Case-based method in online instruction How to study it? The research method is guided by the formative Phase One: Define key research methodology proposed by Reigeluth and Frick characteristics of the case-based method (1999). The study will be conducted in the following four and provide interrelated phases to address the research questions: implications for design Phase Four: Revise the Phase Two: Develop a theory of case-based self-directed online method for designing tutorial as an instance self-directed online of the case-based instruction method.http://entrepforkid.syr.edu/index.html Phase Three: Refine the online tutorial through iterative cycles of tests and revisions.
Design decisions informed by theoryFor detailed information regarding the design and development of theCase-based online tutorial, please visit the International Journal of Designs forLearning. http://scholarworks.iu.edu/journals/index.php/ijdl/article/view/1102/1296 content layout source Case development
Content: five componentsA typical online tutorial Case-based tutorial
Component 1: definition of entrepreneurial skills
Component 2 : multimedia casesComponent 3: text description of strategies, activities and techniques
Source: where to find case materialsCuriosity Creek After School Program: What is it?Curiosity Creek: why is it? Many important entrepreneurial skills can be developed in the program activities. The club is based on the concept that students’ subject- matter expertise and skills can be developed through fun, hands-on and themed activities. Curiosity Creek as a good example showing that an entrepreneurship program can embrace different themes and formats appropriate for children. Our facilitating experience provided us with abundant first- hand materials for case development, which made cases more vivid, interesting and rich in context; it also made case development much easier for us.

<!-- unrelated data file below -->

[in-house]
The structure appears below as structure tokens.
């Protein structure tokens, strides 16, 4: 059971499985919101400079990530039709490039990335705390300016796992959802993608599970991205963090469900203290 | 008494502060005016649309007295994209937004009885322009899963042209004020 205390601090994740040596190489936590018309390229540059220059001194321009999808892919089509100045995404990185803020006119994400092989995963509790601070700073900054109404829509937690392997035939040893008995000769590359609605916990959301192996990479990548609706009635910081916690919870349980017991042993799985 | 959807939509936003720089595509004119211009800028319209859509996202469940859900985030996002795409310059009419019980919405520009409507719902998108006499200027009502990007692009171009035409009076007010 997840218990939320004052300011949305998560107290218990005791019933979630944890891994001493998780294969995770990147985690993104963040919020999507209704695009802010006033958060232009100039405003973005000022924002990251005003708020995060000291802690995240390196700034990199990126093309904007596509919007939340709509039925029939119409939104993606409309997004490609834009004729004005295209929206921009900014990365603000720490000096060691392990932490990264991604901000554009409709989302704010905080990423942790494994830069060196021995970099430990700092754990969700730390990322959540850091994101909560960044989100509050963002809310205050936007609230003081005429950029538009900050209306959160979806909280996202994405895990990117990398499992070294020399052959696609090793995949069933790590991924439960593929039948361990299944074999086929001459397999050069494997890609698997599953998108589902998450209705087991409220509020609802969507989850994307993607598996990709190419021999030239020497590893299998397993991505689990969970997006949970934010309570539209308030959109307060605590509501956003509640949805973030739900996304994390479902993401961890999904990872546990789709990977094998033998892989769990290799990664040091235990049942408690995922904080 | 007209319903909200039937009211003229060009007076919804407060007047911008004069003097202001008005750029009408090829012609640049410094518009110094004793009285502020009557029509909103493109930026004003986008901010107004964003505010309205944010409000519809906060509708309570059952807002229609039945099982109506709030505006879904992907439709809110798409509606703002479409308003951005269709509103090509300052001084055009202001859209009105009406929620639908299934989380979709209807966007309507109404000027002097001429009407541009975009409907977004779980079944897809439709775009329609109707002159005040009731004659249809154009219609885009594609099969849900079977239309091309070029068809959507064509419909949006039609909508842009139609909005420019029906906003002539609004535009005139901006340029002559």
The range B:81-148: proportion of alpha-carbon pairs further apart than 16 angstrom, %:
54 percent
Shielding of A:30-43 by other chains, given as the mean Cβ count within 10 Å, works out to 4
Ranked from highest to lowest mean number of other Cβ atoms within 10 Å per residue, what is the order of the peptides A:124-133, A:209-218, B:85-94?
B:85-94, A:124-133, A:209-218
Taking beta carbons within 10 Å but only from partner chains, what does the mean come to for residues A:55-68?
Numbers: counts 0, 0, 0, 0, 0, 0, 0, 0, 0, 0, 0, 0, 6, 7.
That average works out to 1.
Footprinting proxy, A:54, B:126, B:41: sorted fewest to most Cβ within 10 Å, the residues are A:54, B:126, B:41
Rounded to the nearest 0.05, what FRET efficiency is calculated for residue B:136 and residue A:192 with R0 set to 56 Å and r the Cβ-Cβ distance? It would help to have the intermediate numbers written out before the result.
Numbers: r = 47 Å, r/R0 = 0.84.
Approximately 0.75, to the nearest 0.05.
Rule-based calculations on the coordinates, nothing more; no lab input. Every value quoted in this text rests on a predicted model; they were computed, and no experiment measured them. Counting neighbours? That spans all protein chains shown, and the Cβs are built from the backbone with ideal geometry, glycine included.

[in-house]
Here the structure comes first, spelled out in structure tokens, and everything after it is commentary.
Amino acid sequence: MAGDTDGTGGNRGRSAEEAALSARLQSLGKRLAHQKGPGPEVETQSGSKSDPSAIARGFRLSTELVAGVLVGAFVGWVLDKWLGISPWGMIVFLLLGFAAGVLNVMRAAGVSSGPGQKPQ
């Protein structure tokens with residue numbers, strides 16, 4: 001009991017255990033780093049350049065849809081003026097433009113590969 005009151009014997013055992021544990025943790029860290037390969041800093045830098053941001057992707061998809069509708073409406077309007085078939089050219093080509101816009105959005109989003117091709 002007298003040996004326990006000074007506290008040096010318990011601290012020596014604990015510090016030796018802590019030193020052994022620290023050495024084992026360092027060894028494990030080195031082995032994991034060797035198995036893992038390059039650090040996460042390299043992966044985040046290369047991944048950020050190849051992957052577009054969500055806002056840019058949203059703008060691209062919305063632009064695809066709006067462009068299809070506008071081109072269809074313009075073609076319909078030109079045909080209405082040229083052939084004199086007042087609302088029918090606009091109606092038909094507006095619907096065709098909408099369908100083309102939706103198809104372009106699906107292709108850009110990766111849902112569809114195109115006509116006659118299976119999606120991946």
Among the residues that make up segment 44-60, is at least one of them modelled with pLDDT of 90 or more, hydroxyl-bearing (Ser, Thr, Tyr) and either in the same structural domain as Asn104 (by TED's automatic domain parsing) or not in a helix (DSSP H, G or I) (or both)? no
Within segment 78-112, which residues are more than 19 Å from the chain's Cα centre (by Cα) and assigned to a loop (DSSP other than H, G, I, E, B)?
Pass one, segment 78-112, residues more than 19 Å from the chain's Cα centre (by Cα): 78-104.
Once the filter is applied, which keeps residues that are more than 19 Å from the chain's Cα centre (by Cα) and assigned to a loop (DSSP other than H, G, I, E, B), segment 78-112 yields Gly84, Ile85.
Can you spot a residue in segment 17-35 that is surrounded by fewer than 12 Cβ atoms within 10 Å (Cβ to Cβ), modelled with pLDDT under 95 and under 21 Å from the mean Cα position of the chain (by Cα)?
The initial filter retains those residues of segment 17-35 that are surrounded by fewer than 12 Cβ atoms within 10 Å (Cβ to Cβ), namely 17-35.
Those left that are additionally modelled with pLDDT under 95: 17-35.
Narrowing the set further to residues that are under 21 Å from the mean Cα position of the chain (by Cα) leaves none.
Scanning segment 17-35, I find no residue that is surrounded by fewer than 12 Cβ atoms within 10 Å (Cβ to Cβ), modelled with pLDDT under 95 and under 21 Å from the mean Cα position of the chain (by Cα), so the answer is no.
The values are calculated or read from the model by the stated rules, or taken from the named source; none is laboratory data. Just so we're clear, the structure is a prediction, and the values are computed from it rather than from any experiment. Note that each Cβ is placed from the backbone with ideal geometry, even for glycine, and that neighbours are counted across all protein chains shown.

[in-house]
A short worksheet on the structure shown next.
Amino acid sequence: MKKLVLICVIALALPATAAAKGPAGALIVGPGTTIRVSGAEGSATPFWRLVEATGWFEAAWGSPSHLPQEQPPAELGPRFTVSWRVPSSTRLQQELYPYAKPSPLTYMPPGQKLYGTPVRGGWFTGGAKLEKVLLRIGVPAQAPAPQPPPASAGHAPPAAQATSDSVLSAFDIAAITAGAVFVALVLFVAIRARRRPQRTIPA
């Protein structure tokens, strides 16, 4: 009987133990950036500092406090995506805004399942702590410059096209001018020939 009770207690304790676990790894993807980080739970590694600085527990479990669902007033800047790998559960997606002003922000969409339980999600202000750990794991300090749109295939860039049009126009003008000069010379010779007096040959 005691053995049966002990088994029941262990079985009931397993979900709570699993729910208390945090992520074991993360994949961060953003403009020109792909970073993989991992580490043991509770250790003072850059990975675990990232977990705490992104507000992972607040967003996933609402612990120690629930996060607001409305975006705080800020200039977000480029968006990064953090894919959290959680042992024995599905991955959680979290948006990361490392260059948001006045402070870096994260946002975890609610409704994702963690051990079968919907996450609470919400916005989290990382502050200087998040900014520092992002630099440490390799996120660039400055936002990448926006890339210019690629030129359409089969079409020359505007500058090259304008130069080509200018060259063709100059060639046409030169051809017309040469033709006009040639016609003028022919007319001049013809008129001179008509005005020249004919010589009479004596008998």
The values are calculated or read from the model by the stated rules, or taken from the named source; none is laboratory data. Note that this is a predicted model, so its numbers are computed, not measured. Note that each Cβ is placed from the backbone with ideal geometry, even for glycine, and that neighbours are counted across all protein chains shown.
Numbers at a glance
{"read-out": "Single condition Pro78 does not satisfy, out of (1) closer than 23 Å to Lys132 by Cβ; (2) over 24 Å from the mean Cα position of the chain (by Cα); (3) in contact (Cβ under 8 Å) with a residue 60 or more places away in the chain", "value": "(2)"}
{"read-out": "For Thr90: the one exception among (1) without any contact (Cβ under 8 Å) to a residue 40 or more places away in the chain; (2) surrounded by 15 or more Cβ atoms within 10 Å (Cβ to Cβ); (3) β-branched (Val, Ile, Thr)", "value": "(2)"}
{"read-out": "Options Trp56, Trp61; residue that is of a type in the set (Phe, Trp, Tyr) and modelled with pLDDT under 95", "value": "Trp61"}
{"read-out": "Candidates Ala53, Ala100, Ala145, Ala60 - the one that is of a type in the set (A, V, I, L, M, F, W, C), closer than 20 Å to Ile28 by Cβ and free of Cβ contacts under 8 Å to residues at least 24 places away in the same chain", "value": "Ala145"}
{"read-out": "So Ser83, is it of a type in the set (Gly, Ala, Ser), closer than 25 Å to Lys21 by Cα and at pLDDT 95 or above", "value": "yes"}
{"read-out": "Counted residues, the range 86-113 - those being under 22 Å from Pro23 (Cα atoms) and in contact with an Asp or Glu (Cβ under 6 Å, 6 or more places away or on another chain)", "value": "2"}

Case Development: what are effective cases and how to create them? criteria materials Presentation Purpose • authentic • Conversation • image • grounded in • representative • problems • video skill • relevant • worksheets • animation development • interesting • student works • based on learning • thought- • Reflection objectives provoking • other
A Case of Case Development: brainstorming activity
Preliminary results: Cases1. Cases to facilitate learning: most participants agreed that real cases helped them comprehend abstract concepts, and some cases furthered their understanding of a specific concept, and inspired new ideas for them. Artifacts such as worksheets, sample works were also effective cases.